Bright, frosty polar caps, and clouds above a vivid, rust-colored landscape reveal Mars as a dynamic seasonal planet on May 12, 2016.
NASA/ESA/Hubble Heritage Team (STScI/AURA)/J. Bell (ASU)/M. Wolff (Space Science Institute)
May 30, 2016 12:00 PM EDT

A rare orbital alignment on Monday will bring Mars and Earth closer together than the planets have been since 2005. This will make Mars brighter in the sky than it usually is, rivaling even the much larger Jupiter, which is usually the brightest object in the nighttime sky after the moon.

The distance between the two planets ranges from about 33 million miles to about 249 million miles, depending on where each is in its orbit around the sun. But on Monday they will pass each other at just about 46.8 million miles (75.3 million km) apart, and even casual skywatchers will notice the difference without the aid of a telescope.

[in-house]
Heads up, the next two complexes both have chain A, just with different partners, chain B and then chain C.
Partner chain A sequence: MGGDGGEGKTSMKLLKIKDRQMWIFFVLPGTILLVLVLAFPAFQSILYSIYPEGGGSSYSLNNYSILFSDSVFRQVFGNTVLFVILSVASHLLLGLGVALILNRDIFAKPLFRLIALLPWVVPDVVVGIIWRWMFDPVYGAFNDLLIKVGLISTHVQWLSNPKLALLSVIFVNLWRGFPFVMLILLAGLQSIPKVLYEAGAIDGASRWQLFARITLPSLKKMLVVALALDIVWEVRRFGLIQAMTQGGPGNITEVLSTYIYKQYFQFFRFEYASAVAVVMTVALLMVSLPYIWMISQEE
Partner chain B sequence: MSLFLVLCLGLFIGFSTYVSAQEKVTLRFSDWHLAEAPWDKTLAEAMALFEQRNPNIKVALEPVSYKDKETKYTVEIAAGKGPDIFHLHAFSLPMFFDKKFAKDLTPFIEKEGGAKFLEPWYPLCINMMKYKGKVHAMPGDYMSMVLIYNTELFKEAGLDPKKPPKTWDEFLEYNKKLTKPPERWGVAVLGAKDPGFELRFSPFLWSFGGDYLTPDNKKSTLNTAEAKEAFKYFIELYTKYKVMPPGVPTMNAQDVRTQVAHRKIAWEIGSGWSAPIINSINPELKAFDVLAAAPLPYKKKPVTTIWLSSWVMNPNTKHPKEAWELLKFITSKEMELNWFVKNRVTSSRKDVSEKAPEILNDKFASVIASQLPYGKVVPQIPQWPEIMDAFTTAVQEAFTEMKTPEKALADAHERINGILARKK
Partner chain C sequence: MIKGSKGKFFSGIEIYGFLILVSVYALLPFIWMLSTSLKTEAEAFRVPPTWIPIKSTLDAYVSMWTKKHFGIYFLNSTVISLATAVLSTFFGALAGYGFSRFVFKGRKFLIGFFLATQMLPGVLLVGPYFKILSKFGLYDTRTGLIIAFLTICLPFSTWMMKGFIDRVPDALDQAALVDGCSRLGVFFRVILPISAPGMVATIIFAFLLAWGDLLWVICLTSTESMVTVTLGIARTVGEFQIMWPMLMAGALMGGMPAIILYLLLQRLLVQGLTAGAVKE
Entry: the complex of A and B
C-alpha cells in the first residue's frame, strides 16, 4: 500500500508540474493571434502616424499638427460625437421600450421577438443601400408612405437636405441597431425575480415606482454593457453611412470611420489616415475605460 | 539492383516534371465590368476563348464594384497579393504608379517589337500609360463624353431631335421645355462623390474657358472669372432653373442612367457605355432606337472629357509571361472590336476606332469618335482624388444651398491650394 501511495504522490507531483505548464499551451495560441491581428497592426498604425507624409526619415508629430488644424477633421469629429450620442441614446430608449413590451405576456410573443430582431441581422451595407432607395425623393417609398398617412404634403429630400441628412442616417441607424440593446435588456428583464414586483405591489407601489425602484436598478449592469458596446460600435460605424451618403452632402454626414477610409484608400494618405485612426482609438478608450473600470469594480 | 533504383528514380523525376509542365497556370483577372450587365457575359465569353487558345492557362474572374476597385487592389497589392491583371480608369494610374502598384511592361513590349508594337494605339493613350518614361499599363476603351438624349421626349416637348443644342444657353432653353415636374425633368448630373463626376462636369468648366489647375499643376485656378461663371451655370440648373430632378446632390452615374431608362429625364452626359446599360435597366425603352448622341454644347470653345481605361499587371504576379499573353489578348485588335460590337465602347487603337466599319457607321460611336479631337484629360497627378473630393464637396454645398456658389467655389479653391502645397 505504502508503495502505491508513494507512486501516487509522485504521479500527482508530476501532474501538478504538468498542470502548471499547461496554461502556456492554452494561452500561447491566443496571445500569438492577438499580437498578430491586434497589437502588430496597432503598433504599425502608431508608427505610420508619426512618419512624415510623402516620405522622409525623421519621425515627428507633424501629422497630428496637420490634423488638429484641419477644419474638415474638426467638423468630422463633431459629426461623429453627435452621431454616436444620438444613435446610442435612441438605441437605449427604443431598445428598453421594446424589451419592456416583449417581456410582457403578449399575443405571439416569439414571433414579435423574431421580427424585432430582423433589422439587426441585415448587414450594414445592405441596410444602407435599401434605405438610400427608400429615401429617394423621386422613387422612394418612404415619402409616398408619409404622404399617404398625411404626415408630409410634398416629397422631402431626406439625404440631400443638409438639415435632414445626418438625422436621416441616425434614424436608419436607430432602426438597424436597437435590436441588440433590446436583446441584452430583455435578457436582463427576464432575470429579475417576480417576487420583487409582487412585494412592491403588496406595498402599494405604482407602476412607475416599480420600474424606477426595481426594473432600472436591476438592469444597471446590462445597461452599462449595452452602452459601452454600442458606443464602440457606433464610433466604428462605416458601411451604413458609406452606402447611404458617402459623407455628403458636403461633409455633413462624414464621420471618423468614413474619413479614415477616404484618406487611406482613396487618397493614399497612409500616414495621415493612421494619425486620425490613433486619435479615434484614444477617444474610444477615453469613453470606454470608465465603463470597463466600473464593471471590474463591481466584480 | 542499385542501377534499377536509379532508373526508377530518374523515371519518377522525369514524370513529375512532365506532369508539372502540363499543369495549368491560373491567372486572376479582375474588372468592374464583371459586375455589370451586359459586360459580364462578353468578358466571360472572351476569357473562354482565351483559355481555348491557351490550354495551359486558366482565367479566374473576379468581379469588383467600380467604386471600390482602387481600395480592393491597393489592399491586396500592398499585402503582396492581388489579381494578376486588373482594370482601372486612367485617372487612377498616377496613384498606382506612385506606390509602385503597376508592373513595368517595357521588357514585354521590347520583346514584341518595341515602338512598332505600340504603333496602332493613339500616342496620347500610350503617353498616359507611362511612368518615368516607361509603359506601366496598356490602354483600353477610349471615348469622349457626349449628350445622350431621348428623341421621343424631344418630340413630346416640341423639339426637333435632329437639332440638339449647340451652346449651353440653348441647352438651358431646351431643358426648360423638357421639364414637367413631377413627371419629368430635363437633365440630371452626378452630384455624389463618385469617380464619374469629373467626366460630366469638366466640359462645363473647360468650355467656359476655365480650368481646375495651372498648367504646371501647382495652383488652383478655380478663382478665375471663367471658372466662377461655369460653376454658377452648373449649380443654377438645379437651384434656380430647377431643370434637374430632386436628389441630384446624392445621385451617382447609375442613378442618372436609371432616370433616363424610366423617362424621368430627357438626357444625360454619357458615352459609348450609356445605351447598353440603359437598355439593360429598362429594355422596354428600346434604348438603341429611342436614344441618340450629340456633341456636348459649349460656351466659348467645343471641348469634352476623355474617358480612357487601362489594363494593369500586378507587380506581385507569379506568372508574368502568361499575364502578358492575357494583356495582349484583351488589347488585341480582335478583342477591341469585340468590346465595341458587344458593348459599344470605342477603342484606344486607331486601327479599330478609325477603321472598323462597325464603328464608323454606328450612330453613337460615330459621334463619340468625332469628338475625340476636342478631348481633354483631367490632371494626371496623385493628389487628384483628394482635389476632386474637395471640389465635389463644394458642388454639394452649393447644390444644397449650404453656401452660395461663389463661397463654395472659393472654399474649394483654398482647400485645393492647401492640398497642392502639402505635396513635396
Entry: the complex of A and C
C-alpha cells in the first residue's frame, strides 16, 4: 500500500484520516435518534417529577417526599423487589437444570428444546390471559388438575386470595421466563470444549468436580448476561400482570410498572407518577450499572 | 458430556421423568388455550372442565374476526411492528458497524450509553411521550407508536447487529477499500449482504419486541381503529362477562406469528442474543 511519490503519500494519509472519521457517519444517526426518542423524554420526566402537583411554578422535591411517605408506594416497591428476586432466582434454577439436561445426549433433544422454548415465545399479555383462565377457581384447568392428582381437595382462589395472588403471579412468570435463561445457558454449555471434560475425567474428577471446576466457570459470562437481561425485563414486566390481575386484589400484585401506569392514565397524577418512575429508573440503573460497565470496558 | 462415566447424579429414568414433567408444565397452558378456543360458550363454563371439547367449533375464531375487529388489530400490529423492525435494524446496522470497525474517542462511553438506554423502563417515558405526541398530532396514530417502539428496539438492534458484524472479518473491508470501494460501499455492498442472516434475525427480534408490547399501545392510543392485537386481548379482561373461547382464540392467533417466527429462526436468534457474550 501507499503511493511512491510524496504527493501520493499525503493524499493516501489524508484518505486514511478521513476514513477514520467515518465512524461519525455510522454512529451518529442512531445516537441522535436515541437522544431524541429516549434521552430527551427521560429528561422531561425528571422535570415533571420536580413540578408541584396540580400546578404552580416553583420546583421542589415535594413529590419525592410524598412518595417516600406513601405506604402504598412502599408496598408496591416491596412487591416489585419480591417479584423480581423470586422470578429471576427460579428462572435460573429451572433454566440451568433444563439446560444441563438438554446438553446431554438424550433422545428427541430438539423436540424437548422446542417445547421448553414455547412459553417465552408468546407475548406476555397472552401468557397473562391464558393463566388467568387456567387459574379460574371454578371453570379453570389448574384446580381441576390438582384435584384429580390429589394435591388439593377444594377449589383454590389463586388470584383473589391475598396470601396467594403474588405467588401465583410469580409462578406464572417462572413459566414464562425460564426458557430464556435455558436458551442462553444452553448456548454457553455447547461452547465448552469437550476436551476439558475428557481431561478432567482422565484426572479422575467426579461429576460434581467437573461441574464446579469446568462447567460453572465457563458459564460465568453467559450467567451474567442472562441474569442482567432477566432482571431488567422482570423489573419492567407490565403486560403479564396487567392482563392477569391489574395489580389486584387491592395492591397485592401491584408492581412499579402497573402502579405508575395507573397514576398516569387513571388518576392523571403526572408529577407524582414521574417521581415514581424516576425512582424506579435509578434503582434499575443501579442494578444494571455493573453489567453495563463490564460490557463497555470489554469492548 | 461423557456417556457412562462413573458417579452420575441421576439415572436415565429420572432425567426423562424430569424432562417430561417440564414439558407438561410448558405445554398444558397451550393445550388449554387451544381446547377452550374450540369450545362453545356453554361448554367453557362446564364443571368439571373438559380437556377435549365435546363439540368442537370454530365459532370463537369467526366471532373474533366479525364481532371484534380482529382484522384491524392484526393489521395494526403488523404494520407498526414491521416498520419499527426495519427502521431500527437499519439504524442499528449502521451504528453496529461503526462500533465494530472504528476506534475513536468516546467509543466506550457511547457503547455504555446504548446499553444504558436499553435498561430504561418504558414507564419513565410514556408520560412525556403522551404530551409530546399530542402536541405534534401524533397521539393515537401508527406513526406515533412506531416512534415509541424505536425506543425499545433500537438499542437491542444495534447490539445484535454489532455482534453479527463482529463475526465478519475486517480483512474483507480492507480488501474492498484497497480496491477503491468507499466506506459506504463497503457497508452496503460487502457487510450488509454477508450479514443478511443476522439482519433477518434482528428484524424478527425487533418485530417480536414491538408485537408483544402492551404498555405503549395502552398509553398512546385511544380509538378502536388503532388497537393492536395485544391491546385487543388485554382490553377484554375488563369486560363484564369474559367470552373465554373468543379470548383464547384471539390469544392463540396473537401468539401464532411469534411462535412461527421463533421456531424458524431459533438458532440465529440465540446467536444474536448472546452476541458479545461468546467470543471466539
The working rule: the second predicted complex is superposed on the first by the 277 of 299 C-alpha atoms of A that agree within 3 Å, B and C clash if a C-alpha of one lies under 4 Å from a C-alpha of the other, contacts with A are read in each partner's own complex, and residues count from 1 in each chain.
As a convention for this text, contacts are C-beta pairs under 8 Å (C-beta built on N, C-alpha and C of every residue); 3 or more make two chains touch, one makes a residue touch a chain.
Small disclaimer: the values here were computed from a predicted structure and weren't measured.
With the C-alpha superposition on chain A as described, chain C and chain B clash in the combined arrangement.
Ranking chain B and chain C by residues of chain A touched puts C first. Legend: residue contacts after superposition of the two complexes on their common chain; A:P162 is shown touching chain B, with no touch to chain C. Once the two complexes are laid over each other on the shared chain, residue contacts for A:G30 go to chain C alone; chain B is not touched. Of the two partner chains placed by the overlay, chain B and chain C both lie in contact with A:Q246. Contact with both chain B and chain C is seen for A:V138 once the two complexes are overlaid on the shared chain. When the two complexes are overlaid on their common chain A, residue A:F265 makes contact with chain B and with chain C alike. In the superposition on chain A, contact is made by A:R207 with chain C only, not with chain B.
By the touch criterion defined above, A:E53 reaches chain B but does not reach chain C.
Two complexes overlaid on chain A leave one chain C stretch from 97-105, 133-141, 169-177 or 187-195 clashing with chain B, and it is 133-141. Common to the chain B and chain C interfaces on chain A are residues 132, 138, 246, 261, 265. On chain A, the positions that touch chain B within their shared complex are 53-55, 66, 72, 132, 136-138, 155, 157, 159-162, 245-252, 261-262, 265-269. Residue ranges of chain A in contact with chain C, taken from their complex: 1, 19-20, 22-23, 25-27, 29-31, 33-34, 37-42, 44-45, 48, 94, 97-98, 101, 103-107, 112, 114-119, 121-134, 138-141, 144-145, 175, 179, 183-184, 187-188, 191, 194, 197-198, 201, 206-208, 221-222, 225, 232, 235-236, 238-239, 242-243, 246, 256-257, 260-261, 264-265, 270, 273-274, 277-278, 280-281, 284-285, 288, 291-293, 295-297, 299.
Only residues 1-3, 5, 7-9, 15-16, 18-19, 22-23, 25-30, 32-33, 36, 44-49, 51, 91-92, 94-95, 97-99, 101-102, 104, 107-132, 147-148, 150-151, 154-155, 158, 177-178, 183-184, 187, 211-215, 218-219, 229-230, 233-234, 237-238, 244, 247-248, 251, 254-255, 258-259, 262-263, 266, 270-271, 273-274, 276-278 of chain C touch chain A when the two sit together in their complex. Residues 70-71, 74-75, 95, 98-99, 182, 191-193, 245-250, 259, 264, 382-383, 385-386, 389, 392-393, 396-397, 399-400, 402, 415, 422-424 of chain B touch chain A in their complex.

You can watch a livestream of the celestial event as captured by the Slooh Solar System telescope above, and you can read more about it here.

Slooh is a TIME partner. You can go to to join and watch this live broadcast, snap and share your own photos during the event, chat with audience members and interact with the hosts, and personally control Slooh’s telescopes.

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